Childhood collectibles are potential gems as well.
According to Vincent Zurzolo of Metropolis Collectibles in the US, comic books from the 1930s to the 1960s that feature first appearances of famous characters are potential treasure troves.
And superhero comics are the jackpot. Superman’s 1938 debut comic sold for €252,450 at auction.
However, comics from the past 20 years or reprints will not prove very profitable.
Alternately, home decor may be your golden ticket.
Auctioneer Walt Kolenda says furniture made of Stickley mission oak or branded as Heywood-Wakefield is highly valuable, in addition to oriental rugs and collectible 18th century European figurines.
However, he warns against 1920s dining sets that are reproductions of 16th and 17th century pieces, which are relatively worthless.
And for sports enthusiasts, those ancient sporting goods in the garage could prove valuable.
While not every pushbike is worth something, a vintage Schwinn bicycle, dating to the 1950s or earlier, has a starting value of nearly €800 – with some retailing for much more.
So how to go about selling?
The value of a pawned item is contingent on several factors: the state of the economy, how in demand it is, and whether similar items are available in a shop down the road (or on eBay).
To ensure you get the best price for your things, keep them safe and have them professionally valued.
Even if you do not wish to sell, have the items assessed for insurance purposes.
There are several venues through which to sell your items.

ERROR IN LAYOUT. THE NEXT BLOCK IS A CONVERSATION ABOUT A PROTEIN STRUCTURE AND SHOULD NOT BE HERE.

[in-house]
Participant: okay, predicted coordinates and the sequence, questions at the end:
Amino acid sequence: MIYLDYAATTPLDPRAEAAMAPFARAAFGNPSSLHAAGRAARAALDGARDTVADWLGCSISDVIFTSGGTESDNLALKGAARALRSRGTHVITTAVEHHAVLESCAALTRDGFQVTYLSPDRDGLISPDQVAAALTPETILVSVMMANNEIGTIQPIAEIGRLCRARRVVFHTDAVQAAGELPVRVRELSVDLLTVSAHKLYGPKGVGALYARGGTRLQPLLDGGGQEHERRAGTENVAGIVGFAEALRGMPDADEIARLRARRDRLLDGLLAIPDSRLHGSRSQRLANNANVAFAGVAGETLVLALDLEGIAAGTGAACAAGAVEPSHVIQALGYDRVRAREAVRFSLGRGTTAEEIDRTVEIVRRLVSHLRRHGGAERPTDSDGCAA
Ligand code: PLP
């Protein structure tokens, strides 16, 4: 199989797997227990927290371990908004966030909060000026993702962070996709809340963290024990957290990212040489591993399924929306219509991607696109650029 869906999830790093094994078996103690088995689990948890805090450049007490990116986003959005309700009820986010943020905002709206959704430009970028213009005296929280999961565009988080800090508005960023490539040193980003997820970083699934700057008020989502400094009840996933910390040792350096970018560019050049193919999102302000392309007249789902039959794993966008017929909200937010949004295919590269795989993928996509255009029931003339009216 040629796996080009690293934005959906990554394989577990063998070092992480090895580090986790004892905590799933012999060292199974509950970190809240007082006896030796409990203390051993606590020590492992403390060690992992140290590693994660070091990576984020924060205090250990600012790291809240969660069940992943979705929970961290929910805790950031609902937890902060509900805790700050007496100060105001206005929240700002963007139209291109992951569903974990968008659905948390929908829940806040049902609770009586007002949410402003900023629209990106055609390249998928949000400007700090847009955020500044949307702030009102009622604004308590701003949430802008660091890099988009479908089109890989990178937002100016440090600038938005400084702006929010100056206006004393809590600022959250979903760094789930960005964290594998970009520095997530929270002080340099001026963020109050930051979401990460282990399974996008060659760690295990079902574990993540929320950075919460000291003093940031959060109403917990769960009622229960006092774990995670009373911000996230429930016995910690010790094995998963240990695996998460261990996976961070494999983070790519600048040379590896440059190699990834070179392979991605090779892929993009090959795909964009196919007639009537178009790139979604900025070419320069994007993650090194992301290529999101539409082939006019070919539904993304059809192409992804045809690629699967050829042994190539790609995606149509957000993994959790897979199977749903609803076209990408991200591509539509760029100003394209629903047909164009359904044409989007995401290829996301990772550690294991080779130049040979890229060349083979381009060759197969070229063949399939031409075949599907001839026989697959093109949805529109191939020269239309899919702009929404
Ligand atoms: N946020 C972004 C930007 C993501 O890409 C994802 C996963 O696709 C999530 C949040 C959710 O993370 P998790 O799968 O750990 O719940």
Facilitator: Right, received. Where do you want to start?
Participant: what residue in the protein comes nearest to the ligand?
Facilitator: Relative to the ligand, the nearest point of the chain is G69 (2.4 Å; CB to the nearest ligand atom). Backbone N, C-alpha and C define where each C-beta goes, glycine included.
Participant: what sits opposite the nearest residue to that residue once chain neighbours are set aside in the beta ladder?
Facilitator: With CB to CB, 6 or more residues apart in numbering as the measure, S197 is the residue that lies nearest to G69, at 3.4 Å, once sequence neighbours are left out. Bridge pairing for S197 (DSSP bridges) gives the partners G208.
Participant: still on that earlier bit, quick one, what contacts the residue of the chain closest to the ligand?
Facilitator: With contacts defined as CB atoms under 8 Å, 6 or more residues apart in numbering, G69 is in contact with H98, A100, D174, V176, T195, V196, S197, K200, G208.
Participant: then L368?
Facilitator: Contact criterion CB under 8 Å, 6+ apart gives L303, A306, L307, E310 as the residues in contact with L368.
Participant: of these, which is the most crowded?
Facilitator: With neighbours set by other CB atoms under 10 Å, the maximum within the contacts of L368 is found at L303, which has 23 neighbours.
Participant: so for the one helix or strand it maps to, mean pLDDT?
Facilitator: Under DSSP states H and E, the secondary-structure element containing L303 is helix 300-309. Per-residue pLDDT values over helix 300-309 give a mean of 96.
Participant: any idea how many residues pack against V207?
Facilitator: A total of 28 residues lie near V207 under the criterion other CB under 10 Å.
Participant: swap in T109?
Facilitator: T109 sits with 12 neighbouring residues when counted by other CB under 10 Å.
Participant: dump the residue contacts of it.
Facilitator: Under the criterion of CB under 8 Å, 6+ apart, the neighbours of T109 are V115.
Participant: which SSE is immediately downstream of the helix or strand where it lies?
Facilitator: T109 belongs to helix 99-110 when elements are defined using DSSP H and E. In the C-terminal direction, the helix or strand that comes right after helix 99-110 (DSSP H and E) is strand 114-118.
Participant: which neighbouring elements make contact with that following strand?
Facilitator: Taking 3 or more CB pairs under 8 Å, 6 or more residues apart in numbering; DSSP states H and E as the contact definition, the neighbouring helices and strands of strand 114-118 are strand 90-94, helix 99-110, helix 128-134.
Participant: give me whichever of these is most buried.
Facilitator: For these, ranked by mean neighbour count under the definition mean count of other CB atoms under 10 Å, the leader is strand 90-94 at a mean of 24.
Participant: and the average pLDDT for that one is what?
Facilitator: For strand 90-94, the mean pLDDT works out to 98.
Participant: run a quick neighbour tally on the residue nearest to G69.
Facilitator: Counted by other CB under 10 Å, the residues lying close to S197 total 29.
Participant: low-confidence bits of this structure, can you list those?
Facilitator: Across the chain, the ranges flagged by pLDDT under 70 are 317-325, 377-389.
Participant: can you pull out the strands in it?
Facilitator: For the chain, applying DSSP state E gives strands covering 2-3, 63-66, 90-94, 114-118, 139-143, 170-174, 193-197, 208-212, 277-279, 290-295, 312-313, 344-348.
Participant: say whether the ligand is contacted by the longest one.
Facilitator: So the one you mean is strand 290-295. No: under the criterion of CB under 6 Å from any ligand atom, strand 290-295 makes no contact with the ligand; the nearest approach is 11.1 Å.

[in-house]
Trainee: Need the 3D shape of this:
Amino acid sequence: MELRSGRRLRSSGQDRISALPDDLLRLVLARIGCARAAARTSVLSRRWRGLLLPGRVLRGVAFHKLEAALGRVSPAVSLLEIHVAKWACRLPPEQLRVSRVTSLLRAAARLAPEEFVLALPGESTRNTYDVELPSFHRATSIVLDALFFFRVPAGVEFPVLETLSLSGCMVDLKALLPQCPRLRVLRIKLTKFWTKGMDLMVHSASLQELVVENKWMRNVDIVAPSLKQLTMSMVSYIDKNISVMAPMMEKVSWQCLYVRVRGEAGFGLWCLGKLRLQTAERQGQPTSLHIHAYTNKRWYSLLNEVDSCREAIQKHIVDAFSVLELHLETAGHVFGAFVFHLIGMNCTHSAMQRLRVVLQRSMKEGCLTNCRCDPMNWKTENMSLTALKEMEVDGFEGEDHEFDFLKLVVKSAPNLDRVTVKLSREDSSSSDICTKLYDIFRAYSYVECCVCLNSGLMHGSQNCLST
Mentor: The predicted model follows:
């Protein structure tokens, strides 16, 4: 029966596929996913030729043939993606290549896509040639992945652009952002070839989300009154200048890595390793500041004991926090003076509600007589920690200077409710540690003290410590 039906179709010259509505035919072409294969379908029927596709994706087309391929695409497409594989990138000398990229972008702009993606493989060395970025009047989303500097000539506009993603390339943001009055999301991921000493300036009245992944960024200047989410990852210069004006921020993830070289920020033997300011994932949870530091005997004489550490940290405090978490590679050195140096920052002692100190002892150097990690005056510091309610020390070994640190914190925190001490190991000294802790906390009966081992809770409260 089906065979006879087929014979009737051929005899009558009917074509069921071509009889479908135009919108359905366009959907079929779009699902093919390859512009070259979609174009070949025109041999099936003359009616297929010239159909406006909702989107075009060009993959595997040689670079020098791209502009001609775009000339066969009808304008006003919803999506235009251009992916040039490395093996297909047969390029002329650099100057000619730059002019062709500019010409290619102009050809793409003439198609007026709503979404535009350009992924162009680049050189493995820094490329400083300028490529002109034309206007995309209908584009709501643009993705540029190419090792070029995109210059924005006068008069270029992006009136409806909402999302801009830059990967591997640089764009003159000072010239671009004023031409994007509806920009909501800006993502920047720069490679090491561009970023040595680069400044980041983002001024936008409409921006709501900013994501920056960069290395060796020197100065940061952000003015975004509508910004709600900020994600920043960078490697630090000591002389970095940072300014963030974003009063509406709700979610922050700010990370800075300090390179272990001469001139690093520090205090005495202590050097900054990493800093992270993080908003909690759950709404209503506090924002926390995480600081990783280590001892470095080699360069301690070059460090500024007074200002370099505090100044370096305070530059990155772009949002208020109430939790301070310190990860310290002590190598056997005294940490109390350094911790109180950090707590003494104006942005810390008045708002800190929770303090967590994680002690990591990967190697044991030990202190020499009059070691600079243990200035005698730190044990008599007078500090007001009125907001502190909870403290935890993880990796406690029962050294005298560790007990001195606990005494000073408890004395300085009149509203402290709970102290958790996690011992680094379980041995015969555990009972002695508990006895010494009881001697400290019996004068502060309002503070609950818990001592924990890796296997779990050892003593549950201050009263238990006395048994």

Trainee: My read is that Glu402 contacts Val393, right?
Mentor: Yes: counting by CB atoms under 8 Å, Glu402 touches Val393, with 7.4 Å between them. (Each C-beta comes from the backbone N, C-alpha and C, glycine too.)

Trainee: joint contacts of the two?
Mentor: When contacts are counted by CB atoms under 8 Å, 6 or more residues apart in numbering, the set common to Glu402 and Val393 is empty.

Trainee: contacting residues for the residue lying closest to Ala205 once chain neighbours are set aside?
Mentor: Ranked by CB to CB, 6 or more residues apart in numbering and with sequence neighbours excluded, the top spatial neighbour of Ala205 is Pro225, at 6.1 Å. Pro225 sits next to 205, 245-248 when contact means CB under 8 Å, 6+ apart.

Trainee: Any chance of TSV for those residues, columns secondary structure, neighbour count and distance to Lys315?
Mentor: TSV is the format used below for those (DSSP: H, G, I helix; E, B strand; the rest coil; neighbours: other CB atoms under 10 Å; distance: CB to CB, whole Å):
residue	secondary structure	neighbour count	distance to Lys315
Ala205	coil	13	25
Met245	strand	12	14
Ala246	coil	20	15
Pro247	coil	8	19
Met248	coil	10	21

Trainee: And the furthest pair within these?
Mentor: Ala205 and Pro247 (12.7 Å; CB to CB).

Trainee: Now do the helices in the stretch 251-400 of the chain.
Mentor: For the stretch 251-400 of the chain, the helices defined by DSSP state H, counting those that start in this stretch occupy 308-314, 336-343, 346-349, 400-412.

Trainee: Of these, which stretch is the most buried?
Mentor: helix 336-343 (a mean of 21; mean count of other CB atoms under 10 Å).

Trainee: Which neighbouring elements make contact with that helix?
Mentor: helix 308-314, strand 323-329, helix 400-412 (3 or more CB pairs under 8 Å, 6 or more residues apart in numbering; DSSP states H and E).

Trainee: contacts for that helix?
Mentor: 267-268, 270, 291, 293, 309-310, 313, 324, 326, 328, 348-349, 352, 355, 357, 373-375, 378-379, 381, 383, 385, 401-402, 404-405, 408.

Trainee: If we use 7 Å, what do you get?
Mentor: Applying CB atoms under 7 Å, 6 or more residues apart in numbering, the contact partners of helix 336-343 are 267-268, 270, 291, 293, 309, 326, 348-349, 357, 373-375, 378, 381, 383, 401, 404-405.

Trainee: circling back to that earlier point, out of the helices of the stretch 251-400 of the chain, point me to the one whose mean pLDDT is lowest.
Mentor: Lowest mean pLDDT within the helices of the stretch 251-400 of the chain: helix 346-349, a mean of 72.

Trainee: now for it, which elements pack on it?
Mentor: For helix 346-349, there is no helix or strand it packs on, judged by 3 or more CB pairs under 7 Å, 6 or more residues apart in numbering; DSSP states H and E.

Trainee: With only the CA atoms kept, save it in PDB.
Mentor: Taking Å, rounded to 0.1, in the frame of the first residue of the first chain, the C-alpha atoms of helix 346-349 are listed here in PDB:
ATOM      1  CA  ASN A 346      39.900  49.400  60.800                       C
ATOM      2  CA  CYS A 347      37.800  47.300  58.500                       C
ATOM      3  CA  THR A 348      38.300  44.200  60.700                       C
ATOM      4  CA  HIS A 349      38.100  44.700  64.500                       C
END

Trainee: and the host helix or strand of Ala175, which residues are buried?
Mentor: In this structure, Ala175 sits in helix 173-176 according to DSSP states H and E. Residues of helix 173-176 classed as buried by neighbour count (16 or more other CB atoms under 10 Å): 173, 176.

You might choose to sell through a dealer but, before doing so, make sure you establish rapport with the person to ensure they are trustworthy.
Alternatively, you could sell through a ‘consignment’ shop, which generally charges one-third of the selling price but facilitates, and hopefully expedites, the entire process for you.
Make sure you understand the terms of your contract and their sales practices.
Some shops drastically decrease the price if the item fails to sell in a certain time frame.
If you are looking for a quick option, you might prefer to sell at auction.
However, you have much less bargaining power so you may be disappointed with the selling price.
Finally, you may opt to sell through eBay.
While seemingly the easiest option, online pawning is by no means one click away.
In actuality, you must engage in a long process whereby you first establish yourself as an honest, trustworthy seller and then create a buzz for the object you wish to sell by promoting it on other sites like Facebook and Twitter.
So before you start selling everything in your attic, keep one goal in mind – to get the full value of your objects – and you might just unearth a gold mine.
Gold trader Nigel Goldman on the constantly rising commodity
OLD has held a mysterious value for centuries – not surprising when you consider all the world’s gold would fit into two double decker buses.
Its rarity has assured it as a stable store of wealth, and more lately as a currency. When I first started dealing in gold coins nearly 40 years ago, we used to trade gold sovereigns in rolls of 50 coins at just over a fiver each – we were lucky if we made half a crown profit on each coin.
Today a gold sovereign trades for over €310, and the spread – the difference in price between buying and selling – is more likely to be €25 a coin – four times the value of four decades ago.
In 1967 South Africa issued the world’s first one ounce gold coin, the ‘krugerrand’. This has now become the stable unit of gold, and trades at a small premium to the gold price all over the world.
Of course, not all gold is traded in coin or bar form. Much gold trading is now conducted on paper, through spread trading, futures and options.
These are highly sophisticated instruments, with high levels of gearing and massive volatility, and certainly, as I have found out over the years, not for the faint-hearted.
Contact Nigel Goldman on 951778900 or at firstname.lastname@example.org